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I’m Scared Sometimes That I’ll Choke my Wife

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I’m Scared Sometimes That I’ll Choke my Wife

It took a while. When I came back, I think it was my wife, Evangeline there, that got me back to be a normal human being. When I first came back, I come from a Christian home, by the way. And when I come back, I can remember I was shaving, and I cut myself and I said, “Jesus, Jesus, Jesus, Jesus.” And my mother looked and she said, “Billy, Billy, what did they do to you over there?” And I never swore since. I never swore since. I couldn’t go to a show and see Japs there. I’d stand right up and make a fool of myself. I would stand right up, and start whooping. And with Lynn there, at first, I wouldn’t go to a show with her, but now I do. Our children were born. I was cold, very cold. There was a bitterness. It’s all gone now. She taught me again what love was, you know, with the children. She’d tell the children, “Daddy loves you,” 'cause of my anger and that. It's all gone now. And the children do love me. I have no problem. I’m, I'm scared sometimes that I’ll choke my wife. I am scared, because I have these dreams. When I first came back from the war, the Japs always got the best of me. My brother Harley and I were sleeping in bed together this time, probably had been out having a little drink. I don’t really know, but anyway, this Jap and I, and we got into it and I said, “Well, I’m liberated now. It’s my turn,” and pucked him, and I was smiling. I had pucked my brother Harley in the nose and made him bleed. And he sat up, and I’m laying back down sound asleep but I’m smiling. He thought I did it on purpose, so he pucked me in the nose. But anyway, as time went on, I began to beat the Japs. They weren’t beating me. I started to win, which I’m still doing. But I am scared of choking my wife sometimes. These terrible dreams you have. And you know, you think you got the Jap. And I go to bed every night and say a little prayer, “Lord, don’t let me touch my wife."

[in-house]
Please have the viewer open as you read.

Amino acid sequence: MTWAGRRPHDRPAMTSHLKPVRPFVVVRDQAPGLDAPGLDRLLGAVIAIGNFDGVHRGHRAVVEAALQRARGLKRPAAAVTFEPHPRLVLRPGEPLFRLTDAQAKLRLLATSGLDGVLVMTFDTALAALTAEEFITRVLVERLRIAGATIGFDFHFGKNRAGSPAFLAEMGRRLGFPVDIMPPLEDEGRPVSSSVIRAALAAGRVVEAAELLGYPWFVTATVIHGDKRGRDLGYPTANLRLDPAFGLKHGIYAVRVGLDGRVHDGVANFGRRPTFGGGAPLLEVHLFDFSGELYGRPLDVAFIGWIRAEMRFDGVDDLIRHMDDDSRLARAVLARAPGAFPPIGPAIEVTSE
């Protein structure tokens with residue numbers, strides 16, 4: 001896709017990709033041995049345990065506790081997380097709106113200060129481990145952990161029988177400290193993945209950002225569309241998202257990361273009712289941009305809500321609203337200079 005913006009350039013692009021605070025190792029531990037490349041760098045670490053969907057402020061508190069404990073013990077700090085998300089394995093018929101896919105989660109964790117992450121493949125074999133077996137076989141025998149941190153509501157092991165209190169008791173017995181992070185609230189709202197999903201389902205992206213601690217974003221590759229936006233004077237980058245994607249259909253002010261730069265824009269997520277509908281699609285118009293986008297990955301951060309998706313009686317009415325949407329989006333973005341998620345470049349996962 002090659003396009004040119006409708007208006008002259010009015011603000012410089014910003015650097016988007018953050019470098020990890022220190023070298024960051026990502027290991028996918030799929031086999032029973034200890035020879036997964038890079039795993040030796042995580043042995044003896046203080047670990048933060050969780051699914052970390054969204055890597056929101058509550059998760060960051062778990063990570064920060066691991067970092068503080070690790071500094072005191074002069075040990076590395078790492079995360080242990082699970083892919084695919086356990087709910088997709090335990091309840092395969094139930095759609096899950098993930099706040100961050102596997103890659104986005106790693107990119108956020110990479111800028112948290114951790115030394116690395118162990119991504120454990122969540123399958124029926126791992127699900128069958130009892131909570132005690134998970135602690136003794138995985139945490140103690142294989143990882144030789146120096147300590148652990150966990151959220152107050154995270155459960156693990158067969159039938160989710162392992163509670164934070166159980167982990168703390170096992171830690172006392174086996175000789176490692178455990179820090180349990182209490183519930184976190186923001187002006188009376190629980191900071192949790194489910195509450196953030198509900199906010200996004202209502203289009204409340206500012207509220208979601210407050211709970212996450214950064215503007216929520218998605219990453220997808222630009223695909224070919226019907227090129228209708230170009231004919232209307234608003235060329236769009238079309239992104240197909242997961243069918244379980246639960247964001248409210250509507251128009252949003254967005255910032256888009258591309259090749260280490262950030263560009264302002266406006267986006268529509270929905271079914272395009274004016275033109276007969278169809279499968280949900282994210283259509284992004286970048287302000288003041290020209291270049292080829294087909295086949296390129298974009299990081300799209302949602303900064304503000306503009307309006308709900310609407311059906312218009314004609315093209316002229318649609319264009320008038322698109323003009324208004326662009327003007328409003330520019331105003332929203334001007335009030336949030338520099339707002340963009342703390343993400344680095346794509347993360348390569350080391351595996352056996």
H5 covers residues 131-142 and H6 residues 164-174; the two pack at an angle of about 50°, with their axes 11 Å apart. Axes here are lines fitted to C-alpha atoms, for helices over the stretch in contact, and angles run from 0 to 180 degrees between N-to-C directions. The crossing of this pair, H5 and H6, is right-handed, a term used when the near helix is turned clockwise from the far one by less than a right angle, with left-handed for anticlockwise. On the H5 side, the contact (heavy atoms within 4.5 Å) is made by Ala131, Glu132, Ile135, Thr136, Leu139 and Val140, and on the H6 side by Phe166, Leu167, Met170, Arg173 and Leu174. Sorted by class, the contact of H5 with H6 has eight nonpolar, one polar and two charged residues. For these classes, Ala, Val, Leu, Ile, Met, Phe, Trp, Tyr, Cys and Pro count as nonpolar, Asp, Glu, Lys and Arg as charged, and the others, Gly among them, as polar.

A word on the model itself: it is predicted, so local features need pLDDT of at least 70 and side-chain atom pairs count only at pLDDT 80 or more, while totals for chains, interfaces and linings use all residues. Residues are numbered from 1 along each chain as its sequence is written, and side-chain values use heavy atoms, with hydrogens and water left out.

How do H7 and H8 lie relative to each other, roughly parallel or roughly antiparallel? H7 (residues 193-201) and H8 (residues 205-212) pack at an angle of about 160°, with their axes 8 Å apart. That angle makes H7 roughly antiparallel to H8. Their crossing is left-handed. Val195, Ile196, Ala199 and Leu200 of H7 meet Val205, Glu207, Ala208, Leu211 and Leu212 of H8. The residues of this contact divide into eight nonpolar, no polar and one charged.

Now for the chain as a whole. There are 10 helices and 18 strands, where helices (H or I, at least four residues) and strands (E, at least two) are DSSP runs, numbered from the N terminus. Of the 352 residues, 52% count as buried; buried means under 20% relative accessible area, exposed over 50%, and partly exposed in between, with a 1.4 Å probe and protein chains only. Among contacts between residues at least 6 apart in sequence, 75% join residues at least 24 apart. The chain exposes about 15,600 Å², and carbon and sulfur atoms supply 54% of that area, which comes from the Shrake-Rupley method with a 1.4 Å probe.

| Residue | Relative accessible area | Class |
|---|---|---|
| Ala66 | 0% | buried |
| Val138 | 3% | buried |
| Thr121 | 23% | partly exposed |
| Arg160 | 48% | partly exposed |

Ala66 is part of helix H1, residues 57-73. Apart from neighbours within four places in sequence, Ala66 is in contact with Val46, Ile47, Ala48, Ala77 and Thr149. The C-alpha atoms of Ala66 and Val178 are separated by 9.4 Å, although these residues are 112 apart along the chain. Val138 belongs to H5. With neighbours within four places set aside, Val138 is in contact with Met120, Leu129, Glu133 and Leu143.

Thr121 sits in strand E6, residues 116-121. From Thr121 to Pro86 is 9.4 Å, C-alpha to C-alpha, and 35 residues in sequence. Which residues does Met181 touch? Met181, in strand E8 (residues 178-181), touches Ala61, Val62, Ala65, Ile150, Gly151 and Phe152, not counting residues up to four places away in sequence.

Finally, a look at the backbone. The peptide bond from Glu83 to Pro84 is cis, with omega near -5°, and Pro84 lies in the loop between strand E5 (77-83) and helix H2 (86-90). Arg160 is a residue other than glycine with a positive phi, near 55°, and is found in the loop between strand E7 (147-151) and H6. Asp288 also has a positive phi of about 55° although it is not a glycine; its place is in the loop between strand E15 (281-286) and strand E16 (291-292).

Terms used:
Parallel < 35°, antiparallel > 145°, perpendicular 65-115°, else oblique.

Mr. MacWhirter describes the importance of his wife in his emotional recovery after the war, and his fear of injuring her during one of his recurring nightmares.

William MacWhirter

William MacWhirter was born in Niagara Falls, New York, USA, on January 10, 1924. He was one of five brothers. During the depression, his family returned to Hopetown, Quebec, where he completed grade 8 in school. By 1939, his father, a First World War Veteran, had joined the Veterans Guard and two older brothers had enlisted; William became head of the family farm at the age of fifteen. He eventually enlisted in New Carlyle at the age of seventeen. His basic training took place in Val Cartier and St. John, and as a member of the Royal Rifles, D Company, he was deployed to Hong Kong. After a futile attempt to defend the colony, William joined many other captives in the dismal North Point and Sham Shui Po POW camps. He was eventually sent to the labour camp at Omini, Japan. He returned home safely, but he has paid a heavy price, physically and emotionally. He remains, however, an ardent patriot.

Meta Data
Veterans Affairs Canada
Person Interviewed:
William MacWhirter
War, Conflict or Mission:
Second World War
Hong Kong
Royal Rifles of Canada

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